There are two ways to become a Floridian. Being born here is the less common method. The other Floridian was born elsewhere, and carries a hatred of winter so intense that the other three seasons might as well not exist. Enjoy summer while it lasts, this Floridian thinks. Foliage turning is only a sign that winter is eminent. Sloshing through the spring thaw, this Floridian promises herself she’s seen her last snowflake. Sooner or later, this Floridian tires of the few short weeks she’s allowed to swim and leave her sweater at home (she’s always cold) and moves to where she should have been born in the first place. Once here, something inside her cries in relief.
Snow angels and forts and sledding may have been years behind me, but I loved winter. Sun gleaming off crusted ice, or a powdery snow sugaring the landscape. Even slogging through the wet ash of exhaust-stained slush meant I got to wear my cool boots and knee-length leather jacket. A scarf crusty from a running nose came with coffee or hot chocolate once I got inside. Besides Halloween (even though it sometimes snowed in October), all the best holidays were in winter
Spring and fall both had their charms, but apart from barbecues I didn’t much care for summer. My skinny arms and pale legs made wearing shorts and t-shirts an embarrassment, and I really didn’t like showing my love handles (which I’ve had since junior high, thanks) for swimming. Yet I moved here, carrying my Northeastern stoicism like a chip on my shoulder.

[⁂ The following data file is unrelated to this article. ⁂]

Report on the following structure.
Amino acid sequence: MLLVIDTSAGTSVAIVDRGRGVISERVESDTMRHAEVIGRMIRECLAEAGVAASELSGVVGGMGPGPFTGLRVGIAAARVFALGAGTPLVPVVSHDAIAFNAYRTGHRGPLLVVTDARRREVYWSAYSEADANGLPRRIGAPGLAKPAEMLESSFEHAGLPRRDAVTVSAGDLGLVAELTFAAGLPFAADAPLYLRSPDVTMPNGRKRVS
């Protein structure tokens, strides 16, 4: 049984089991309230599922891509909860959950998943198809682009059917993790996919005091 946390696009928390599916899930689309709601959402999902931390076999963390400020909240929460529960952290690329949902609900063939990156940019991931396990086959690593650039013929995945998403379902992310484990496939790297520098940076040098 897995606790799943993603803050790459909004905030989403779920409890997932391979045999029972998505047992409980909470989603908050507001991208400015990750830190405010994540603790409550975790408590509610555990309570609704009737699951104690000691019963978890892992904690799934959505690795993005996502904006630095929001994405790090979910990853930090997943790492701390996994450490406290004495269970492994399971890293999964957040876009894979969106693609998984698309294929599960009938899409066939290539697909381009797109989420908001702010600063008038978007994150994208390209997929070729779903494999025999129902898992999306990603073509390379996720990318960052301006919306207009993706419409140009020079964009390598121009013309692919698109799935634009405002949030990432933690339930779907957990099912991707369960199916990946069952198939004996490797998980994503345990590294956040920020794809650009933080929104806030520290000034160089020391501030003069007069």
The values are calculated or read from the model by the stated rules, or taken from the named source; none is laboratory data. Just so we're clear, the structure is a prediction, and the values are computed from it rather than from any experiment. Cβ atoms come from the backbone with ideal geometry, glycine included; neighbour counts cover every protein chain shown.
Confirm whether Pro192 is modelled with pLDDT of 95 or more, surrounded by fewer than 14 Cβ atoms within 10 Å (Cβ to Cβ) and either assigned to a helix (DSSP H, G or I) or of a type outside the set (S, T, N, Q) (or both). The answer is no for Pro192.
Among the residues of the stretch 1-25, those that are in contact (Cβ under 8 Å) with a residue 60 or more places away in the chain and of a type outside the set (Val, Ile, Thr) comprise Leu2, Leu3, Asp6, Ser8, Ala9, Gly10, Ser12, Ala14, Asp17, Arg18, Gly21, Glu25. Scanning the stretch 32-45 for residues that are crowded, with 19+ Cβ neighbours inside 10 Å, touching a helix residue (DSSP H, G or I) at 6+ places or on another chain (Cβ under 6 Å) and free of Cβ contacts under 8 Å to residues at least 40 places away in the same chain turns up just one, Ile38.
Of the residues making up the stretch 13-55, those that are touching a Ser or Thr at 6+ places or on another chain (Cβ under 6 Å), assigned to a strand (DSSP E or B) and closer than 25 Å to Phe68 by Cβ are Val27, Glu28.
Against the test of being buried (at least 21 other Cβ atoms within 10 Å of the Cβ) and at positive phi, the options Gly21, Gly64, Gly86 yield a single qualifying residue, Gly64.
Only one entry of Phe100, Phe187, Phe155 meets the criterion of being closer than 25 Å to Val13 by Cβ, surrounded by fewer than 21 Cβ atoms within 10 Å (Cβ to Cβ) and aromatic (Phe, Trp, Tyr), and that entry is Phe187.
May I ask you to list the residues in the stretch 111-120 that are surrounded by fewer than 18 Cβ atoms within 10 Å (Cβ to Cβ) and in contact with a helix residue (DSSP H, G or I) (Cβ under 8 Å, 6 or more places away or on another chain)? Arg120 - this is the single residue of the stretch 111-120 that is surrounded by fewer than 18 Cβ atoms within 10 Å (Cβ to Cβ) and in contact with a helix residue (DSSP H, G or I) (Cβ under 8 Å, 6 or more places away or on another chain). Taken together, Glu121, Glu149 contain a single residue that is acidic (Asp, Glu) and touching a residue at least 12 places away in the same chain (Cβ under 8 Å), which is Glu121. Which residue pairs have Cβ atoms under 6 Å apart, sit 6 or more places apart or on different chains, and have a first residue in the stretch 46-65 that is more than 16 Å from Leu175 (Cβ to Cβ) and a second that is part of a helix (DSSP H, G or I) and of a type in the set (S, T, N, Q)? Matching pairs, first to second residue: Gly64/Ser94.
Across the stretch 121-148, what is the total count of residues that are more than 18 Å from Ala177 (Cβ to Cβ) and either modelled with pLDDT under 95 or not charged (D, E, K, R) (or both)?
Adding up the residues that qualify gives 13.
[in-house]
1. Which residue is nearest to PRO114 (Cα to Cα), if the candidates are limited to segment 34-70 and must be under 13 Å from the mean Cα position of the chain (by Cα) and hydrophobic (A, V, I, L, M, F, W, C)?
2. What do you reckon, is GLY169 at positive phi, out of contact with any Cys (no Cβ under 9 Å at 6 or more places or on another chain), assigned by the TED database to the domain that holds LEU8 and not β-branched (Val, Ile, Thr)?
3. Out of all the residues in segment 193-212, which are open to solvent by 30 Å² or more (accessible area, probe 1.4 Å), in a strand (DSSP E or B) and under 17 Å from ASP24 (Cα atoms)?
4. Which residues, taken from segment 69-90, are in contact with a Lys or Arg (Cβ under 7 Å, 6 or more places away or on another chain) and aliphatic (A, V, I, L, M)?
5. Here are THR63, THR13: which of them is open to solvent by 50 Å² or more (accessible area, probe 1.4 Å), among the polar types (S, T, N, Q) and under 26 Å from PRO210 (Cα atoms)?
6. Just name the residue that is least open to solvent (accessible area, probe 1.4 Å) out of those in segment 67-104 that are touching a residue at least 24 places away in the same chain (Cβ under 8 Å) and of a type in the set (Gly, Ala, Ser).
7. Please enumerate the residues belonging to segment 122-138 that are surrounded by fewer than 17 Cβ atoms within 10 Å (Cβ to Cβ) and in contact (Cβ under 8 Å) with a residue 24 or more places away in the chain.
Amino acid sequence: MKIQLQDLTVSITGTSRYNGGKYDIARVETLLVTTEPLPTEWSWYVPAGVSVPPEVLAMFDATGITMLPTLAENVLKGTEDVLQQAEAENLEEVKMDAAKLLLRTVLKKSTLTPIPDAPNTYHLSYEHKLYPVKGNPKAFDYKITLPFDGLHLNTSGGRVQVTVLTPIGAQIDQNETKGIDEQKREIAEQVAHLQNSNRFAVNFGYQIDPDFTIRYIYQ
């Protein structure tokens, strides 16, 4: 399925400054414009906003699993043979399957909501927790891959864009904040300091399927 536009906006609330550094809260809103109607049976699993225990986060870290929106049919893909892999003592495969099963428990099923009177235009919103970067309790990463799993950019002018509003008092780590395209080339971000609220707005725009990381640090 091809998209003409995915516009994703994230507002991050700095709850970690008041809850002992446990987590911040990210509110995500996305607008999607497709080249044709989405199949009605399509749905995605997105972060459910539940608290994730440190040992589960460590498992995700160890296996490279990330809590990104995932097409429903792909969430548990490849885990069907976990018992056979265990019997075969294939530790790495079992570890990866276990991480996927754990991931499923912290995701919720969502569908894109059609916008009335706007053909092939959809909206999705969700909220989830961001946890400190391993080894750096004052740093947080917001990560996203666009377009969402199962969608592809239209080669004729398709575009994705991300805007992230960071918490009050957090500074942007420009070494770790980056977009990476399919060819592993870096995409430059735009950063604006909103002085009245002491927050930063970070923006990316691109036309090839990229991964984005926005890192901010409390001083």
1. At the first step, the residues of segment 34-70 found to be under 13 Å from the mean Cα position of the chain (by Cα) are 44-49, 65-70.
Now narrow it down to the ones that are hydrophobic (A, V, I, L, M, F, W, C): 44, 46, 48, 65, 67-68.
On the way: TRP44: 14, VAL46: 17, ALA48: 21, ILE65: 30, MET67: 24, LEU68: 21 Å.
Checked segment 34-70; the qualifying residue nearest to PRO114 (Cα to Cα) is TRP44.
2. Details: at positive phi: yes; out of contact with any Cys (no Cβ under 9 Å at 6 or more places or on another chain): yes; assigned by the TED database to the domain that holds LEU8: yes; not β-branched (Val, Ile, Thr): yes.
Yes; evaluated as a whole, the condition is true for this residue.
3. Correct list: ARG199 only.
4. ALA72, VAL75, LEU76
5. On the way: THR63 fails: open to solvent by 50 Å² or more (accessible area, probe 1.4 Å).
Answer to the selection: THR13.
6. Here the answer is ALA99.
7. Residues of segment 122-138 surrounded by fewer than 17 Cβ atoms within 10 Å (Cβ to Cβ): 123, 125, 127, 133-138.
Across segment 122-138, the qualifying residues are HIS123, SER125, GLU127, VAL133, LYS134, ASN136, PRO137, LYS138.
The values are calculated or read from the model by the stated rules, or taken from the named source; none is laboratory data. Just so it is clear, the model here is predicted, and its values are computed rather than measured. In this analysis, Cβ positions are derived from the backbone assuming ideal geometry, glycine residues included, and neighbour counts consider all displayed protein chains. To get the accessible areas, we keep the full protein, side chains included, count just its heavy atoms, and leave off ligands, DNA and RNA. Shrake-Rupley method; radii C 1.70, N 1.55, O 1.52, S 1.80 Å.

I’m sure some of my resistance to becoming a Floridian was simple homesickness, but some of us need convincing about how great it is down here.
This innate love of Florida can’t be genetic. I have two cousins living in the panhandle, in a gorgeous, rapidly-expanding Gulf town called Destin. Growing up in a tight, Mohawk Indian family, these cousins felt more like siblings. Shawn, the oldest, loved the Miami Dolphins his whole life. In a family of Pittsburgh Steelers, Buffalo Bills, and New York Giants fans, Shawn looked twenty-five-hundred miles away for his team. He moved down shortly after he graduated college. Shane, the second-oldest cousin, visited Shawn for what was supposed to be a brief vacation after college, then never went home.